However, thankfully for those of us nursing badly stubbed toes, it isn't expected to litter the shoreline for more than a few months. ''Most of the pumice will either wash back out to sea or wave and wind action will leave it buried deep in the sand dunes.''
■ So what does a pumice raft look like? There aren't any images of the Havre Seamount pumice raft immediately after its creation, but sailor Fredrik Fransson photographed a series of extraordinary images as he sailed through a pumice raft following an underwater eruption near the Vava'u Islands in Tonga in 2006.
''As we sailed westward, the surface of the ocean inexplicably turned to stone,'' recalls the seasoned Swedish sailor. ''We looked out, and in front of us it was as if there was no more sea. It was like the Sahara, with rolling hills of sand as far as the eye could see.''
Pumice stones: Pumice isn't just used as a cosmetic exfoliant (who hasn't vigorously rubbed a pumice stone on a rogue callus or a cracked heel?) but it is also used to stone-wash jeans and in some Pacific Island countries is broken down for fertiliser. Roman engineers also used it in the construction of the world's largest reinforced concrete dome - the Pantheon.
Did you know? The Havre Seamount eruption went unnoticed for over two weeks until an eagle-eyed tourist flying from Samoa to New Zealand spotted part of the pumice raft from a plane window.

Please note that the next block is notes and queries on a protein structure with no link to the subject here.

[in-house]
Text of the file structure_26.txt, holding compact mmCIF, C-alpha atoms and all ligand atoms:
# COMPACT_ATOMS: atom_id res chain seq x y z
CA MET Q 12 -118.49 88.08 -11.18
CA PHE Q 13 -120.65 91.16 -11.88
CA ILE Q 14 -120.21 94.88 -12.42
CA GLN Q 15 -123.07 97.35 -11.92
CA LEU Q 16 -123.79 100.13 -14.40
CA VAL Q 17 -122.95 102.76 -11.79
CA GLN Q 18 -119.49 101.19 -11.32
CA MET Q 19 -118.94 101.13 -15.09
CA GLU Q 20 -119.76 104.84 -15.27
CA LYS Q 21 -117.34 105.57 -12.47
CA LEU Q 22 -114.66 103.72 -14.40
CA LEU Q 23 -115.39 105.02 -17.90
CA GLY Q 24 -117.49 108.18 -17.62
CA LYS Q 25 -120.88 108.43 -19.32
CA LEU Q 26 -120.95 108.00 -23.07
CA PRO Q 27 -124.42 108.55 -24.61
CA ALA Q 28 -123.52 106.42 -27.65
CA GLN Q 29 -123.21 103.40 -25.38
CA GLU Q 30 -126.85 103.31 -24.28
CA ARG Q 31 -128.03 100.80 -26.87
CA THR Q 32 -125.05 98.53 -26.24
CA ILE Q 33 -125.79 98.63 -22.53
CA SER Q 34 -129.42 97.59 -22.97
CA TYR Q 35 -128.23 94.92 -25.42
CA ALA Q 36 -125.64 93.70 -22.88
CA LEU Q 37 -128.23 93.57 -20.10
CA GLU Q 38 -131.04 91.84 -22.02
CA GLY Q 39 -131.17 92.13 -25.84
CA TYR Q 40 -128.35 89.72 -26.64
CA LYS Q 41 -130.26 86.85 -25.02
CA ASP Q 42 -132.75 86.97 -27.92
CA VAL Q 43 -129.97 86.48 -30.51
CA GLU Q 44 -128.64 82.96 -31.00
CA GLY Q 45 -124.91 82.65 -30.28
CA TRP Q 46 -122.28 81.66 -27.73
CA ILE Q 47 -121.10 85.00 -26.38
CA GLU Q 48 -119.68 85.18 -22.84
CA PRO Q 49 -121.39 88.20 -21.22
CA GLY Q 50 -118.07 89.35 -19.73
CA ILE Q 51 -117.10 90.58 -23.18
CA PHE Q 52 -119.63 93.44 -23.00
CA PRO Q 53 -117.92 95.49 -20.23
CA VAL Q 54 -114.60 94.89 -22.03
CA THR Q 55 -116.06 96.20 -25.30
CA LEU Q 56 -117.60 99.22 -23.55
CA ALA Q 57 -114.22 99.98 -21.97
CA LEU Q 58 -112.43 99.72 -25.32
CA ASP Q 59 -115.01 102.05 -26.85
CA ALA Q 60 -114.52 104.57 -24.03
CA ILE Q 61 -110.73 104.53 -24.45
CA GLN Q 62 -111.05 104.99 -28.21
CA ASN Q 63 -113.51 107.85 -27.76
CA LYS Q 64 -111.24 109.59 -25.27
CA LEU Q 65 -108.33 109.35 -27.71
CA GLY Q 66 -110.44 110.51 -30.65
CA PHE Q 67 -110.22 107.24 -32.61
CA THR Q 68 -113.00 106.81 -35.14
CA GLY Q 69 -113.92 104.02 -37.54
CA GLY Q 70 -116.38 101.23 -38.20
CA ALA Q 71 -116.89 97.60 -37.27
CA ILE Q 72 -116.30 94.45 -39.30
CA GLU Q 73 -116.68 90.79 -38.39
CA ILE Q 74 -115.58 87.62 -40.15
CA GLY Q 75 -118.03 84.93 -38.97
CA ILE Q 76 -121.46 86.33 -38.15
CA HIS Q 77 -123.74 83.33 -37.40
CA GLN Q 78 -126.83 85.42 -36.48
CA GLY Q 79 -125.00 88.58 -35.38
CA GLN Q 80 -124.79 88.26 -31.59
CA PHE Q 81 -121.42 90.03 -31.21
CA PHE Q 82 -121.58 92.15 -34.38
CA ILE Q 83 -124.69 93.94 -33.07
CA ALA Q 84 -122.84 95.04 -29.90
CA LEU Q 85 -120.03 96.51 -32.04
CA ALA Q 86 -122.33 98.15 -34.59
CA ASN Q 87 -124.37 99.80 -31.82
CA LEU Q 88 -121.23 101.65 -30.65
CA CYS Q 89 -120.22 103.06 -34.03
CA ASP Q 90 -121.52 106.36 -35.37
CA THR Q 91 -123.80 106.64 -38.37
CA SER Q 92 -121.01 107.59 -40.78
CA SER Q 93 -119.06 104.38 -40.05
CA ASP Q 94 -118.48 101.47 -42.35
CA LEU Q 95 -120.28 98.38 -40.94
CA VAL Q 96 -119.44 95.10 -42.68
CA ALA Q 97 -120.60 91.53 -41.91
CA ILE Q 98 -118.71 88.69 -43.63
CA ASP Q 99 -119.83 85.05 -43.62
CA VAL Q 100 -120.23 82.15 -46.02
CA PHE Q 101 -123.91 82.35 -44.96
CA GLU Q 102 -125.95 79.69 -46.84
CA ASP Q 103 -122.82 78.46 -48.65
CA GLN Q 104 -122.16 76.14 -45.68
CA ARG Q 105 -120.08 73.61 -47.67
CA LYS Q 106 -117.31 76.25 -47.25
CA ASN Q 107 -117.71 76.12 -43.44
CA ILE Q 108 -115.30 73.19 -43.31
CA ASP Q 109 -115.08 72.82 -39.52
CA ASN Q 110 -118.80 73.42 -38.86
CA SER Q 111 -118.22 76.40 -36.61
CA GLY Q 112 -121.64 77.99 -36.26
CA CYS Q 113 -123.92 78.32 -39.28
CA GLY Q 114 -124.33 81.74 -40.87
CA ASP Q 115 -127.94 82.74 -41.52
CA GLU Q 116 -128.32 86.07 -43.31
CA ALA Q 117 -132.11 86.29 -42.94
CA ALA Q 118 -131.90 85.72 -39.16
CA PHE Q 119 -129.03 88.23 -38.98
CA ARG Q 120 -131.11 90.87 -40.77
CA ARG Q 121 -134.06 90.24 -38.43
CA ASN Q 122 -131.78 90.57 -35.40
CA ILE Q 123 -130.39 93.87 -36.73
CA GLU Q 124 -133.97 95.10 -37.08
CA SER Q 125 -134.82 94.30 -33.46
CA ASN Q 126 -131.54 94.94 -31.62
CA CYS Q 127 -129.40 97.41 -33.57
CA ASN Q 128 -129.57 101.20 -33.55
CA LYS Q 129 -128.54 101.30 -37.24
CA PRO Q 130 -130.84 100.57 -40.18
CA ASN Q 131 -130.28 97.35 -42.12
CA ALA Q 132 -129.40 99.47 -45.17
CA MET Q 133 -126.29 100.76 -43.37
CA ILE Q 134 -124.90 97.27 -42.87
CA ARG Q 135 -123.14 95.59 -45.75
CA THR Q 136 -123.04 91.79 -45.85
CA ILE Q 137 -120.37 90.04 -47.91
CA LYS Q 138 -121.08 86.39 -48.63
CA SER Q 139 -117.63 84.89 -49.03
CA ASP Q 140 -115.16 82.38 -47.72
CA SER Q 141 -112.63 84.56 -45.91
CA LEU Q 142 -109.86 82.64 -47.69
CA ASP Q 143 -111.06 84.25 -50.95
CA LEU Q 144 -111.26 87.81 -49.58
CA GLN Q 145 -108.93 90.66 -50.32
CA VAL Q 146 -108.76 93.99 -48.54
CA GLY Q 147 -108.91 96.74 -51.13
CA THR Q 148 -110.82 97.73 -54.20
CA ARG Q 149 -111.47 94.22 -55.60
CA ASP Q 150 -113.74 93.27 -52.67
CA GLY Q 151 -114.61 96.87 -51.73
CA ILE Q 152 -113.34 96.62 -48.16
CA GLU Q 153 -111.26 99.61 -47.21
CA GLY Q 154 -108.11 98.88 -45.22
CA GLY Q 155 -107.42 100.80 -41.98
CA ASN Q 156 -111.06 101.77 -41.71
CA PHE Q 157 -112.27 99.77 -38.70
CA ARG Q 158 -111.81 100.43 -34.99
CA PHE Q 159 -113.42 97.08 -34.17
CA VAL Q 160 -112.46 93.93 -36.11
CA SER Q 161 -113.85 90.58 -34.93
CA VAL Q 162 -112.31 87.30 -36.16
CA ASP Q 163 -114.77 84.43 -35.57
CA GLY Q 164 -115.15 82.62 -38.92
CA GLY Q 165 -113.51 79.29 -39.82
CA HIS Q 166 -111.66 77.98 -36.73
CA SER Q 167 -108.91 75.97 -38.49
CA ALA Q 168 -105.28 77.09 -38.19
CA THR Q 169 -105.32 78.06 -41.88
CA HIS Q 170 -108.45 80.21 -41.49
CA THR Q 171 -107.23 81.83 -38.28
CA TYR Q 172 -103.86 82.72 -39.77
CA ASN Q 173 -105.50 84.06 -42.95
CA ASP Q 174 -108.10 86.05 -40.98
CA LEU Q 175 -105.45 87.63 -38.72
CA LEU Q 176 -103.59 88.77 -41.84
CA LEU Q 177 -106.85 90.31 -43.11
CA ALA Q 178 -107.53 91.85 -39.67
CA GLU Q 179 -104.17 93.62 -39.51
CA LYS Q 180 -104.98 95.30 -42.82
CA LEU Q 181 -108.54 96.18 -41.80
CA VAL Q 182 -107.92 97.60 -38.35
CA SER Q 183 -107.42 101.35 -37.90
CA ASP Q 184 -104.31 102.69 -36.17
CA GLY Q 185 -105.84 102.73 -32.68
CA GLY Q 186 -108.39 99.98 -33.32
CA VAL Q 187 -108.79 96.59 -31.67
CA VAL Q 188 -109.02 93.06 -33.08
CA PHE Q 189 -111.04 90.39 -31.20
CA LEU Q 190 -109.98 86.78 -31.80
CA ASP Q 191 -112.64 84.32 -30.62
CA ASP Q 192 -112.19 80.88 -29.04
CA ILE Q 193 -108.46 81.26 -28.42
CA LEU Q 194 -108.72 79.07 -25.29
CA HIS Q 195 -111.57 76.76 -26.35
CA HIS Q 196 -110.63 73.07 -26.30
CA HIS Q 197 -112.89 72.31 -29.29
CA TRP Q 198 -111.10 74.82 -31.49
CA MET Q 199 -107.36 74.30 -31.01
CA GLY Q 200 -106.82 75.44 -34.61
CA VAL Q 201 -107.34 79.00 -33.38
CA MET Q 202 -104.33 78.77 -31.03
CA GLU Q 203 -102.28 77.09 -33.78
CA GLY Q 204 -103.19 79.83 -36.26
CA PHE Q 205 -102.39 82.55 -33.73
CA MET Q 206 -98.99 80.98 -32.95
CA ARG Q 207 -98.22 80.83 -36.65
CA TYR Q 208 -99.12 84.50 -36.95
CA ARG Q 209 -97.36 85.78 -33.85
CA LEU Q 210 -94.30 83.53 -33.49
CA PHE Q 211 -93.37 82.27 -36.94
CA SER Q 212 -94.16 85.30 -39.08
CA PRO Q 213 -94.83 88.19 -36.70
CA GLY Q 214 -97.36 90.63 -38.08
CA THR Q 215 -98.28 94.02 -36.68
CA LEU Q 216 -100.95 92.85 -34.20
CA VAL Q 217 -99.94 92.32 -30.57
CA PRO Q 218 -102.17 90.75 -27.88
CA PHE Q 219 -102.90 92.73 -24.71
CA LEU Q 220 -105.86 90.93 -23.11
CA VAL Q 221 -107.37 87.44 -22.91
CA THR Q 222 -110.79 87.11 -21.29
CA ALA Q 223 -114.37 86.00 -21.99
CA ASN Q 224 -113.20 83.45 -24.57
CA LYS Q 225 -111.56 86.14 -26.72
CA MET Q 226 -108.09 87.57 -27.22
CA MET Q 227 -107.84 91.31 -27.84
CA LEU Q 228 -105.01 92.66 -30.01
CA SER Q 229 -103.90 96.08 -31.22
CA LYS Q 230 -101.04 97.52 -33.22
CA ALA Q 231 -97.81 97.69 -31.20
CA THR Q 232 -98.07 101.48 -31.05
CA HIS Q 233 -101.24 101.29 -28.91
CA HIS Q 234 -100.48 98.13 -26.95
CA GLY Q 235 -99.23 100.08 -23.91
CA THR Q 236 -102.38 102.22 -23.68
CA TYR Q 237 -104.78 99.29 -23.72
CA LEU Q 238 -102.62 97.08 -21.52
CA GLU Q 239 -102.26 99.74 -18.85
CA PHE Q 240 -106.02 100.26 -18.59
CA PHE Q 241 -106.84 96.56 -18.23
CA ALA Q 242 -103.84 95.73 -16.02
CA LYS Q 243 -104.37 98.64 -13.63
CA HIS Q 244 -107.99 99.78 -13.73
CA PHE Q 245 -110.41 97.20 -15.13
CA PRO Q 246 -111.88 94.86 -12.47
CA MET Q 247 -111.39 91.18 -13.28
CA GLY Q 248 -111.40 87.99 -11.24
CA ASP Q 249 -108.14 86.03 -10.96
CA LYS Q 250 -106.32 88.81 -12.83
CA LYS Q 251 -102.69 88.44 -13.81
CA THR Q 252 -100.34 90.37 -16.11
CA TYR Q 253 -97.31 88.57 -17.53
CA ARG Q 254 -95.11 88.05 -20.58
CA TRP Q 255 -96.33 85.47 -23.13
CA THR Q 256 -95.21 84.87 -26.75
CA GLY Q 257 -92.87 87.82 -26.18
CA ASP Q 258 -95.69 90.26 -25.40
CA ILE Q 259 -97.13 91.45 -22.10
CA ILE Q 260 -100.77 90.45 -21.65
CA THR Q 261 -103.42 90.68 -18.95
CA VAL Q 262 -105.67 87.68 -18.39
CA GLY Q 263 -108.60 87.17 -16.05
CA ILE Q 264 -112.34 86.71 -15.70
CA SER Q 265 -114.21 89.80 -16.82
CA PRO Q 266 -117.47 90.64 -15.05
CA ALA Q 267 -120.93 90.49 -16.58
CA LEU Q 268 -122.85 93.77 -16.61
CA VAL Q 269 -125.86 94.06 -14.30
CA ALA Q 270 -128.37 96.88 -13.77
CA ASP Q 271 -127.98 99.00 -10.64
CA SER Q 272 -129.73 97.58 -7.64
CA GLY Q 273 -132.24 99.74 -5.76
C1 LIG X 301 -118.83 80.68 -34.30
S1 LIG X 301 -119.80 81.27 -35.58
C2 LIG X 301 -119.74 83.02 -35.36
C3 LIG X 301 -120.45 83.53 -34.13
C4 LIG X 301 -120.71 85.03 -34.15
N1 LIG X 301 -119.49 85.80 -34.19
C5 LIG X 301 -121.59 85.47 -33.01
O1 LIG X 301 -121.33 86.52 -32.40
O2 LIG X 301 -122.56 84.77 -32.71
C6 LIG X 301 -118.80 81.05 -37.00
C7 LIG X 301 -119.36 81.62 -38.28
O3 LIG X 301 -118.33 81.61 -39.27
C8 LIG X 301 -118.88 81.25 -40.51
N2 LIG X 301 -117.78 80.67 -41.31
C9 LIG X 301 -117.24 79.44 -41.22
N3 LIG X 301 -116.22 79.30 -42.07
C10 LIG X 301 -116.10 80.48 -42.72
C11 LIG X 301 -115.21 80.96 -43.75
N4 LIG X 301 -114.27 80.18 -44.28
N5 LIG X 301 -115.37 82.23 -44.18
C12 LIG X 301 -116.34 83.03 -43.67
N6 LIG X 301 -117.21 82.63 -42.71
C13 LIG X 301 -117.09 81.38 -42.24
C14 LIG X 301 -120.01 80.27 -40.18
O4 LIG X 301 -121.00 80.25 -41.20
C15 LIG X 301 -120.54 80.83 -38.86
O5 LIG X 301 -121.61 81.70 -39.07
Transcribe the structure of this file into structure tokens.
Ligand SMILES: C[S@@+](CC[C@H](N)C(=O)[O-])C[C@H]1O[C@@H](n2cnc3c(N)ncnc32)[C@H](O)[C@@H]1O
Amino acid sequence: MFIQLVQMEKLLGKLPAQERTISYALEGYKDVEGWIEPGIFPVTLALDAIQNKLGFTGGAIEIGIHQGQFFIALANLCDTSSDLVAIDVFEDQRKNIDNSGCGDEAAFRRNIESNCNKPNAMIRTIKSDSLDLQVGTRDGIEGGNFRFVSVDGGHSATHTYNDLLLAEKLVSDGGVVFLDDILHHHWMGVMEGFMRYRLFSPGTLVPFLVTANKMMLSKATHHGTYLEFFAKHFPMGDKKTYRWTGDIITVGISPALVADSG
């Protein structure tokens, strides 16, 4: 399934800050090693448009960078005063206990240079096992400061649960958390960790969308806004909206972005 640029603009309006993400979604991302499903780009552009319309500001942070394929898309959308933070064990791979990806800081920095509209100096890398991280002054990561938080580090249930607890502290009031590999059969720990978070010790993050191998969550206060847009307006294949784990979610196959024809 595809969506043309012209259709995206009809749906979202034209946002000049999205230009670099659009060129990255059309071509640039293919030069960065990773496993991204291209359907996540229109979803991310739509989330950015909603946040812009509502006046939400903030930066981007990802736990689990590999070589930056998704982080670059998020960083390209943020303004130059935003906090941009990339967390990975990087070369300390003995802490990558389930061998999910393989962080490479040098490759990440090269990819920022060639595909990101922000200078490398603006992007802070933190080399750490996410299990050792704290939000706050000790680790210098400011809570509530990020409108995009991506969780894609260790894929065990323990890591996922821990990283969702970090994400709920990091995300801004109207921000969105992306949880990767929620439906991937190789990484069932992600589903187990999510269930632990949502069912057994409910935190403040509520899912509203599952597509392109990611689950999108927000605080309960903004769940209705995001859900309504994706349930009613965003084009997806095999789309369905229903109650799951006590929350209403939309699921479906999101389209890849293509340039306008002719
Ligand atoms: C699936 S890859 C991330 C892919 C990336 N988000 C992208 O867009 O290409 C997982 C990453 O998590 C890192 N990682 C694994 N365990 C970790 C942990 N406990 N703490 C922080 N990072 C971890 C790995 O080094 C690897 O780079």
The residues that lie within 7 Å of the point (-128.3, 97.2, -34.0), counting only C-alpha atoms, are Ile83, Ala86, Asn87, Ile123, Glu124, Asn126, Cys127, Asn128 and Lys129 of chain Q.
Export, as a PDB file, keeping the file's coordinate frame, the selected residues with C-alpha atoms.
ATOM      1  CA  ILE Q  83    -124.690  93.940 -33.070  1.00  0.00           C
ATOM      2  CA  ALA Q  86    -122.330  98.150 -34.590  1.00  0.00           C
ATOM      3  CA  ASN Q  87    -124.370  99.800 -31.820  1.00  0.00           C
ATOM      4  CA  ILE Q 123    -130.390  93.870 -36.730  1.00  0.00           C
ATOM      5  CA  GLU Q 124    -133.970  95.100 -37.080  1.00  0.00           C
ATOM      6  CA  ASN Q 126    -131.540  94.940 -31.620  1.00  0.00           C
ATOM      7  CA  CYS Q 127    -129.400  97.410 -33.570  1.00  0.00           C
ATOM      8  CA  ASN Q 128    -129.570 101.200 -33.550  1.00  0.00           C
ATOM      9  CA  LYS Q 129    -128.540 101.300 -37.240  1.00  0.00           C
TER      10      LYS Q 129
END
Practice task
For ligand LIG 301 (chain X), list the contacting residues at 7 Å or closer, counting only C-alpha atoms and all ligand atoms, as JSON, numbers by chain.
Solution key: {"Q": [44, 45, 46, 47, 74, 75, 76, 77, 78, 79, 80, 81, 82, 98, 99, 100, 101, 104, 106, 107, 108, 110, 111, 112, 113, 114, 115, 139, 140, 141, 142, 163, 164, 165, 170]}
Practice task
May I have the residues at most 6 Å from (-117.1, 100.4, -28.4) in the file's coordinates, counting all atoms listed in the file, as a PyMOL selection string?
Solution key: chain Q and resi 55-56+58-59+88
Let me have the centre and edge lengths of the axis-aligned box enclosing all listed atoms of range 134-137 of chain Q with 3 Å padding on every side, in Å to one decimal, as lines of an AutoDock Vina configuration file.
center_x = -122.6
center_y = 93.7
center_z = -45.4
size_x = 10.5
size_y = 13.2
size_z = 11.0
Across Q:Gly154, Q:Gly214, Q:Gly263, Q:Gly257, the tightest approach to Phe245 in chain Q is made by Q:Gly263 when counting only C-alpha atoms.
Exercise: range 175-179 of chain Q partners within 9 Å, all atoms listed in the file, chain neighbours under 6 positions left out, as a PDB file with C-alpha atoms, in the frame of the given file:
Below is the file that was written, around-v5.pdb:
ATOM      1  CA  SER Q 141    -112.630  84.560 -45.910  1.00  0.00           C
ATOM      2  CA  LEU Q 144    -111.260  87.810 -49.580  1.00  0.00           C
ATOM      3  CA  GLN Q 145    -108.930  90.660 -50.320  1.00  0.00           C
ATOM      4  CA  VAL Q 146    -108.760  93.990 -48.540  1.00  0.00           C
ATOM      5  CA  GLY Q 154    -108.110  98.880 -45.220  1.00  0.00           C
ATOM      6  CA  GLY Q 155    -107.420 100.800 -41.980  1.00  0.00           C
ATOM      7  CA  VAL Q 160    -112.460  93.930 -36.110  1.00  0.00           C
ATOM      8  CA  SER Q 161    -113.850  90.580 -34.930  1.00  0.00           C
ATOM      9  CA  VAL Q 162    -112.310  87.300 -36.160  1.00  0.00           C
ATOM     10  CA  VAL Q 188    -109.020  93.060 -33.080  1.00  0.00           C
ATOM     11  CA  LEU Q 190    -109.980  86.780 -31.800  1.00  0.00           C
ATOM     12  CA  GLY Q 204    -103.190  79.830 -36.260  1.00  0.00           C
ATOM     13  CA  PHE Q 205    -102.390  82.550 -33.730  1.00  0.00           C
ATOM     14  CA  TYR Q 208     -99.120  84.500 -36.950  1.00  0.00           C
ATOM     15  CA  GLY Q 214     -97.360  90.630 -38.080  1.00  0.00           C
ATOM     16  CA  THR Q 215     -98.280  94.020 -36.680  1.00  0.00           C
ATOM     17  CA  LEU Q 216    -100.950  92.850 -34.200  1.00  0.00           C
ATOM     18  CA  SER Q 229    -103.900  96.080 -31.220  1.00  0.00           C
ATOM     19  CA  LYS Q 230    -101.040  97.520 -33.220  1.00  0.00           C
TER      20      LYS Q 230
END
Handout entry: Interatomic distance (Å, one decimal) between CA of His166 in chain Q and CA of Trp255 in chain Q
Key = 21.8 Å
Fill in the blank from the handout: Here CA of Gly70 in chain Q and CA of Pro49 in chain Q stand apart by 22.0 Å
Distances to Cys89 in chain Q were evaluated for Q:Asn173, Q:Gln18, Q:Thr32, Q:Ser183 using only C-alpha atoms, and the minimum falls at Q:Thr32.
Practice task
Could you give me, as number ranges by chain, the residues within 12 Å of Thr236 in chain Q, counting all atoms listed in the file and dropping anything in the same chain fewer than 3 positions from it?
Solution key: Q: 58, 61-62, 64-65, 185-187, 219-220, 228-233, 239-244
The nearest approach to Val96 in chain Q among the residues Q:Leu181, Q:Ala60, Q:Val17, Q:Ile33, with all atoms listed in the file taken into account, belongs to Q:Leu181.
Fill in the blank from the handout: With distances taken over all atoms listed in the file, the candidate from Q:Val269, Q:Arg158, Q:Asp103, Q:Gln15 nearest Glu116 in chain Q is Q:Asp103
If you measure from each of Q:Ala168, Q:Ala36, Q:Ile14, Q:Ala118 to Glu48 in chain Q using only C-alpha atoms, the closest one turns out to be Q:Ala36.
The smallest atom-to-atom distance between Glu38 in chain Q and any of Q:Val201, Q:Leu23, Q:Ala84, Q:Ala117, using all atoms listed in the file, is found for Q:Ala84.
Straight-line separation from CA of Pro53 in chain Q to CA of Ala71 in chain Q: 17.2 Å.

Watch out for: Pumice pieces being sold at a coastal market, touted as ''rare volcanic rock''. Now, while it is clearly volcanic in origin, according to Dr Bryan, "the seamount spewed up trillions upon trillions of pieces" so pumice pieces are far from rare.
Word of warning: While finding a piece of volcanic history on the beach is fun, the pumice does pose a boating safety issue, with reports of it blocking and damaging water intakes for engine cooling systems on boats.
This column's recent expose on wooden bridges of the south coast (Good ol' rattlers, December 28) struck a chord with many readers, including Peter McGann, who promptly checked out the Runnyford Bridge (between Nelligen and Mogo). He reports that it is ''in good condition and the view from the bridge towards the Clyde River is definitely worth seeing''.
While several readers, including Robert and Julie Gan, of Lyons, report the humped bridge spanning Wallaga Lake as their favourite on the coast, ''Wombat'' Maston reveals ''there is a forgotten bridge at Deep Creek near Bemboka - it has the old wooden charm, but it's easy to miss.''
Further, it seems that not all wooden bridge admirers prefer those that evoke a bygone era. For example, Nigel Chauncy, of Duffy, has a penchant for some of the newer bridges of our region. ''In particular, there's a wooden pedestrian bridge at the southern edge of Coila Lake at Tuross Head. It's less than five years old, but definitely one with character,'' Chauncy says.
Meanwhile, Alan Hume, of Greenway, reports ''there are so many wooden bridges scattered throughout this wonderful part of the country, and not just along the coast,'' citing the Tharwa Bridge as an inland example.
''I am so glad that commonsense prevailed in the rebuilding of the bridge at Tharwa, and that the ACT Government in its wisdom decided to retain the old style and not plump for a new concrete jobbie.''
Finally, Margo Saunders, of Weetangera, reckons the wooden bridge along Rosedale Road, near the entrance to Douglas-Apsley National Park in Tasmania ''must count as one of the most rickety in Australia''.
Saunders, who last travelled across the bridge in 2009, hopes ''it has since received some maintenance, as it was positively dangerous then''.
Email: firstname.lastname@example.org or Twitter: @TimYowie or write to him c/o The Canberra Times, 9 Pirie Street, Fyshwick. A selection of past columns is available at canberratimes.com.au/travel/blog/yowie-man.